Nobel Prize Winning Economist Explains How IP Rights Are Part Of The Globalization Problem

from the not-the-solution dept

Kevin Donovan writes in to point us to the transcript of a fascinating speech by Nobel Prize-winning economist Joseph Stiglitz on Making Globalization Work. We've written about Stiglitz in the past, for his explanation of how patents often do more harm than good economically. In this speech, which is covering a much broader topic (globalization), he makes a few really good points about why what politicians put in place as "globalization" isn't matching what economists say should happen in a globalized economy -- and intellectual property comes into play. The main point is just that most "free trade" agreements have absolutely nothing to do with free trade. While they're labeled as such, they're usually filled with restrictions on trade that benefit the bigger countries. A true free trade agreement would, as he notes, be short and sweet and easy to write: basically, there are no restrictions on trade. Instead, what we get are supposedly "free trade" agreements that are really pushed by industry representatives for certain industries to benefit themselves.

In particular, he points out how this is done with intellectual property. This is something we noted last year when we couldn't understand why a "free trade agreement" would guarantee monopolies on intellectual property. That seemed like the opposite of free trade. As Stiglitz notes:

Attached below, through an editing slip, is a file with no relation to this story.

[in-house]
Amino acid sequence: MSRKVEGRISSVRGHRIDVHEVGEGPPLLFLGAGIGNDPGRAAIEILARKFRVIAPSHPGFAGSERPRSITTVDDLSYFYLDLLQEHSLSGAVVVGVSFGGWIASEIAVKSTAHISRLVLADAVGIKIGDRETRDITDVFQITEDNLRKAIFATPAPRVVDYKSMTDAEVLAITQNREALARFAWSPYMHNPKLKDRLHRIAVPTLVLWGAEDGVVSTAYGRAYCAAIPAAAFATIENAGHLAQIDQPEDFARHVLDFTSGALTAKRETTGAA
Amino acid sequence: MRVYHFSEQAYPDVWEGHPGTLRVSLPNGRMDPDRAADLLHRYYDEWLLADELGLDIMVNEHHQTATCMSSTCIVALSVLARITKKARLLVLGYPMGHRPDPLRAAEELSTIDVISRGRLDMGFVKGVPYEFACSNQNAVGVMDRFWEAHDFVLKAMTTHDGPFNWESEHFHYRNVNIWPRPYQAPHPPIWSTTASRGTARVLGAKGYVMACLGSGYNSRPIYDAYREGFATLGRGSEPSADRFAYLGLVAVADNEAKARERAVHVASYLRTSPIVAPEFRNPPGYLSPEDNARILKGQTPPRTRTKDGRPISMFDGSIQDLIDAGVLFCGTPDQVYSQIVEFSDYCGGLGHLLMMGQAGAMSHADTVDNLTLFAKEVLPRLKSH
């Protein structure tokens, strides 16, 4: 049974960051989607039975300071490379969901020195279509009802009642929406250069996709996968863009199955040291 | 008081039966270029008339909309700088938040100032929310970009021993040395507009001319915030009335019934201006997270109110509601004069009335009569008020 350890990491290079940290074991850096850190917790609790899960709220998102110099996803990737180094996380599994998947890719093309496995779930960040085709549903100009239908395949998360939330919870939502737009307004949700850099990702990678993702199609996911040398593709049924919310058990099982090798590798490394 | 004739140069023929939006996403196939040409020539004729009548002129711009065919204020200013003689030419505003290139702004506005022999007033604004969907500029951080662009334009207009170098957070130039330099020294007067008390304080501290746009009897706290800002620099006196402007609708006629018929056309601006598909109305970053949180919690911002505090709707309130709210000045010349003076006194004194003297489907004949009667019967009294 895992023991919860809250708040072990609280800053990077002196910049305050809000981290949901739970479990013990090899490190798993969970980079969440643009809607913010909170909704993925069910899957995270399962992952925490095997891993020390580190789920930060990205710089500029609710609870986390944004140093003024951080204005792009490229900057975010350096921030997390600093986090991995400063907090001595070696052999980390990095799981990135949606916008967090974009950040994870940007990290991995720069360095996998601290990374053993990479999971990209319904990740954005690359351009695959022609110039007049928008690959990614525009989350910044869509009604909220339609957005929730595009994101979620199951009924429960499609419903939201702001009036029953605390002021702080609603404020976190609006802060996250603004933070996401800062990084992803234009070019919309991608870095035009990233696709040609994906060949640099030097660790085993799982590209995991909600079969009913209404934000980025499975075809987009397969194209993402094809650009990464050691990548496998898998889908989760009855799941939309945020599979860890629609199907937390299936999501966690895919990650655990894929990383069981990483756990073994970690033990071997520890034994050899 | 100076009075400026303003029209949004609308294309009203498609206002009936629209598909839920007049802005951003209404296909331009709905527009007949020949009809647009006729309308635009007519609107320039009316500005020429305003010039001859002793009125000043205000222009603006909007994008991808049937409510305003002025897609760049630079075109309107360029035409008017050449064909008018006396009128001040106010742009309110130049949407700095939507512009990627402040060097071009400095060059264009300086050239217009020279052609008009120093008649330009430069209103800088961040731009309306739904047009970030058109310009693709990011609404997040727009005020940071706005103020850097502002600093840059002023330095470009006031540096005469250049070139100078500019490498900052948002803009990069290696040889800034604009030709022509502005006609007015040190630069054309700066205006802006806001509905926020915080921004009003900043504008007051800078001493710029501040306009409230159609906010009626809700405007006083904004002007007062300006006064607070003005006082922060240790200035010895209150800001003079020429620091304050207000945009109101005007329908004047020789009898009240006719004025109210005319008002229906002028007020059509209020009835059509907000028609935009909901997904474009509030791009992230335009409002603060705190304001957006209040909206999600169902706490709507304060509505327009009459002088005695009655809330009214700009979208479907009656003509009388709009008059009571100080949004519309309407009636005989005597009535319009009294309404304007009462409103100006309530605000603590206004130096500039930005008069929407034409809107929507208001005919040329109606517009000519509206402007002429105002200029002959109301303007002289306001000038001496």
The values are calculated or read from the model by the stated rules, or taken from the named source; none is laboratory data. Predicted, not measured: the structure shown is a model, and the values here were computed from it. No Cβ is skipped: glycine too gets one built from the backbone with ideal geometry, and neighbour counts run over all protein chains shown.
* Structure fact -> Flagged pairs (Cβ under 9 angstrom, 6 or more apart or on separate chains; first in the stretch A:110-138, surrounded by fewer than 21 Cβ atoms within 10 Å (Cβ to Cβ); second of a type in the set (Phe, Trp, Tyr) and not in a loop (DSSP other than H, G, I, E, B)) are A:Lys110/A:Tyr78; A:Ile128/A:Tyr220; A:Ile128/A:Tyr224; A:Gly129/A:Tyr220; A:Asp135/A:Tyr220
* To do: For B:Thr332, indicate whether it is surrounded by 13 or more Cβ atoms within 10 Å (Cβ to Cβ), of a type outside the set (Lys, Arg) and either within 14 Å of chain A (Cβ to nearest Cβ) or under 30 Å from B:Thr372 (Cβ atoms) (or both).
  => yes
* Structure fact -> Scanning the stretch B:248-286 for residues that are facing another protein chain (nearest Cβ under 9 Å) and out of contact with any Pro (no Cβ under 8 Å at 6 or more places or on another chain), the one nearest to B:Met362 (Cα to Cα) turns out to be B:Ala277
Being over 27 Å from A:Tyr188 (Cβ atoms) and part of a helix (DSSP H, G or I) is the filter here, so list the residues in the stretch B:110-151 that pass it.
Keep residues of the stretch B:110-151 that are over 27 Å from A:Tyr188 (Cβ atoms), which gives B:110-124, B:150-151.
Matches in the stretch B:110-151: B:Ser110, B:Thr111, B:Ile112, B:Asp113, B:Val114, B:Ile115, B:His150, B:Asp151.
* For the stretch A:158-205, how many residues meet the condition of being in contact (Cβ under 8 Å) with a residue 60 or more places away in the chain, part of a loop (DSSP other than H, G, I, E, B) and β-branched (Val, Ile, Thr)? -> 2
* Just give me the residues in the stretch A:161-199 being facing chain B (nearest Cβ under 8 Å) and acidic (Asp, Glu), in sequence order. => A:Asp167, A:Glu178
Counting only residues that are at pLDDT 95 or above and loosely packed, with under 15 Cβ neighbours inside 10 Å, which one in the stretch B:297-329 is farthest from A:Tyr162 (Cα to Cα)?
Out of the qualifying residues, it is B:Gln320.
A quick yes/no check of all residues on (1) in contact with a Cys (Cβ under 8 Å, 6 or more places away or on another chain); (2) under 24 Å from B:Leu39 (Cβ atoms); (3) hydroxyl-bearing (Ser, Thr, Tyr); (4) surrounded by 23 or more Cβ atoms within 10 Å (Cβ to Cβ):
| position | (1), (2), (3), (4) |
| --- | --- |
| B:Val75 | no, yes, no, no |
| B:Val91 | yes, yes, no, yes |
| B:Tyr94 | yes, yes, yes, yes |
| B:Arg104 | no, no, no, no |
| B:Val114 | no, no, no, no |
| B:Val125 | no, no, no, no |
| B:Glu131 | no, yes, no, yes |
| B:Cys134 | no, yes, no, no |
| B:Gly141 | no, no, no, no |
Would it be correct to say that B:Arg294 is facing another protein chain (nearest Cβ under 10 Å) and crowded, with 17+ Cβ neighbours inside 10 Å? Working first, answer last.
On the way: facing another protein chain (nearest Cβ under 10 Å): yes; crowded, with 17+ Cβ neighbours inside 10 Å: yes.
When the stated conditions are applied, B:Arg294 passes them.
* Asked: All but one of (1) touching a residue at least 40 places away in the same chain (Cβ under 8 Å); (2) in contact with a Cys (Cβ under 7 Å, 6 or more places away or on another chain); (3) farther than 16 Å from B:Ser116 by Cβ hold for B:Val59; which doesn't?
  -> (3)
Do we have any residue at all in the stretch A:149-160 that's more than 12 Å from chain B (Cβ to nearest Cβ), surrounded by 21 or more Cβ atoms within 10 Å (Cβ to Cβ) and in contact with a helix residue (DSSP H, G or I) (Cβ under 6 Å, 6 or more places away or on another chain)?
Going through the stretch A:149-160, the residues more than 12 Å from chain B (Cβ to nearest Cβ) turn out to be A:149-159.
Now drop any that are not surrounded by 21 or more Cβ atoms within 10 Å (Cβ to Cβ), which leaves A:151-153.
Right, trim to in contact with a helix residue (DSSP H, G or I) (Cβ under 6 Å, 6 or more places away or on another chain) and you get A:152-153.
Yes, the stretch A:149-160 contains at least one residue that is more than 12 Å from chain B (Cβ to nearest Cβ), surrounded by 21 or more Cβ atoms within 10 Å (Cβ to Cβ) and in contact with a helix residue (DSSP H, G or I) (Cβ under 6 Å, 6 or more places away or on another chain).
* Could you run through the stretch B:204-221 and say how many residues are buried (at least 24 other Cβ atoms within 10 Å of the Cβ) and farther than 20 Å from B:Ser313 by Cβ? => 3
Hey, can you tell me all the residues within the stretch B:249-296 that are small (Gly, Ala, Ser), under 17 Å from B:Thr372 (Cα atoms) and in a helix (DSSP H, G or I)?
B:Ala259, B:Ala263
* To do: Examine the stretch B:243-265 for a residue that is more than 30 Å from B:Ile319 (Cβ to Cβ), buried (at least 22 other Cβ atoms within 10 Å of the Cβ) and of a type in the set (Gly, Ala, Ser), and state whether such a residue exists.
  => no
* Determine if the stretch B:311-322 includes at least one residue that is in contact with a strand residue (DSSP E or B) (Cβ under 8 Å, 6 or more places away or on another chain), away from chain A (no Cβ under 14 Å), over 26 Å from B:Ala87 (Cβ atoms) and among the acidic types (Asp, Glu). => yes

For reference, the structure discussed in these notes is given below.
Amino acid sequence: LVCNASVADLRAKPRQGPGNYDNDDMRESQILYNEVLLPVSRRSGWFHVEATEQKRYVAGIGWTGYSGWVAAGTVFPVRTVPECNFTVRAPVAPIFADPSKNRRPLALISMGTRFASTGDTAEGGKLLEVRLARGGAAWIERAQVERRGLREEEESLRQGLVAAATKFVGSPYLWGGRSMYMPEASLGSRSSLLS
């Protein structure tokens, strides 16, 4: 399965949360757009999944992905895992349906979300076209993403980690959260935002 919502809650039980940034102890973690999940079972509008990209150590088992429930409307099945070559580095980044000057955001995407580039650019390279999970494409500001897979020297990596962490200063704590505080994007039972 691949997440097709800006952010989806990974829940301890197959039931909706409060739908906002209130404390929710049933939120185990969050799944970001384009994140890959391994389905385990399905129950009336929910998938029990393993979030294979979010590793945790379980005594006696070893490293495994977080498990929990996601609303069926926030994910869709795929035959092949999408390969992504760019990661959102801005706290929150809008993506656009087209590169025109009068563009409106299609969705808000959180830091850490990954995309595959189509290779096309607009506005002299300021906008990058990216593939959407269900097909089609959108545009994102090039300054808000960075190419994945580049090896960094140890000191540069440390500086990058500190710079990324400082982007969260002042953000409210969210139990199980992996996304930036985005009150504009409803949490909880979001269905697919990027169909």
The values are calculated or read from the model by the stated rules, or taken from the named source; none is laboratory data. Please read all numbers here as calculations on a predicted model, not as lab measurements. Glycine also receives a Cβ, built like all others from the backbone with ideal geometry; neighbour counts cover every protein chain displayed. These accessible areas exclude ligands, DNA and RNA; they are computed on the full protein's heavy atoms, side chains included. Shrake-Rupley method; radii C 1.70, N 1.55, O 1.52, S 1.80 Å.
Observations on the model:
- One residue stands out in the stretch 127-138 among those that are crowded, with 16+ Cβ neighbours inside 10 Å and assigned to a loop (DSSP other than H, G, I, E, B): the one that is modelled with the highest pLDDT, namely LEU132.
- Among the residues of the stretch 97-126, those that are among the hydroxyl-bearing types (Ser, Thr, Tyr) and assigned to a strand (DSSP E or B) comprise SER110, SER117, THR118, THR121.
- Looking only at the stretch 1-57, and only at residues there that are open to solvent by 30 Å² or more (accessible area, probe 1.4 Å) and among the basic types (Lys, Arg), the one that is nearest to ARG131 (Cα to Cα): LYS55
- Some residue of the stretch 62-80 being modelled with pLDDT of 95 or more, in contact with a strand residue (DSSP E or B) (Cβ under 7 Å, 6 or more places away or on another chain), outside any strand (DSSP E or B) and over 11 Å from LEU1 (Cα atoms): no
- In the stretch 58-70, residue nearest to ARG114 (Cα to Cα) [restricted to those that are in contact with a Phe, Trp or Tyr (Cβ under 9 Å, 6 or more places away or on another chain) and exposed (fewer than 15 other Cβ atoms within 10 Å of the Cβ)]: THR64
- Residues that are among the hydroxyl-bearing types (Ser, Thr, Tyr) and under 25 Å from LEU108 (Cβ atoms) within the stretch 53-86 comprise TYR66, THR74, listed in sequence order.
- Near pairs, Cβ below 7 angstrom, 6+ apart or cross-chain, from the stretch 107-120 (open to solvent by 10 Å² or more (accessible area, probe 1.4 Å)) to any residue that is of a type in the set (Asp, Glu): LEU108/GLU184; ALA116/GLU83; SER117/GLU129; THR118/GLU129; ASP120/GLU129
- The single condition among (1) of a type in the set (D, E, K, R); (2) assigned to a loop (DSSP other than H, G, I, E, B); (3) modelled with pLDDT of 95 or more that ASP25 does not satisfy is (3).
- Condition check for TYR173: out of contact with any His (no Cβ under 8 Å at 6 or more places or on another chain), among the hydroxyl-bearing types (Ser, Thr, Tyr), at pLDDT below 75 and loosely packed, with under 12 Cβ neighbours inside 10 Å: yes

"The Uruguay Round TRIPs Agreement, which is Trade-Related Intellectual Property, has nothing to do with trade. They just put "trade-related" because they had to put that in there to have it in a trade agreement. That was the real ingenuity.

There was already an intellectual property organization, called WIPO, the World Intellectual Property Organization. But they wanted the trade ministers to do it because the trade ministers didn't know anything about intellectual property, and that meant they were much more vulnerable to the influences of the special interests."

They put in provisions that were explicitly designed to reduce access to generic medicines. Just to highlight why that's important, a generic AIDS medicine, for instance, costs under $300 for a year's treatment. The brand name is $10,000. If your income is $500 a year or $300 a year, or even $5,000 a year, you can't afford $10,000 a year for the brand name. So when they were signing that agreement in Marrakesh, they were signing the death warrants for thousands of people in sub-Saharan Africa. That was the consequence.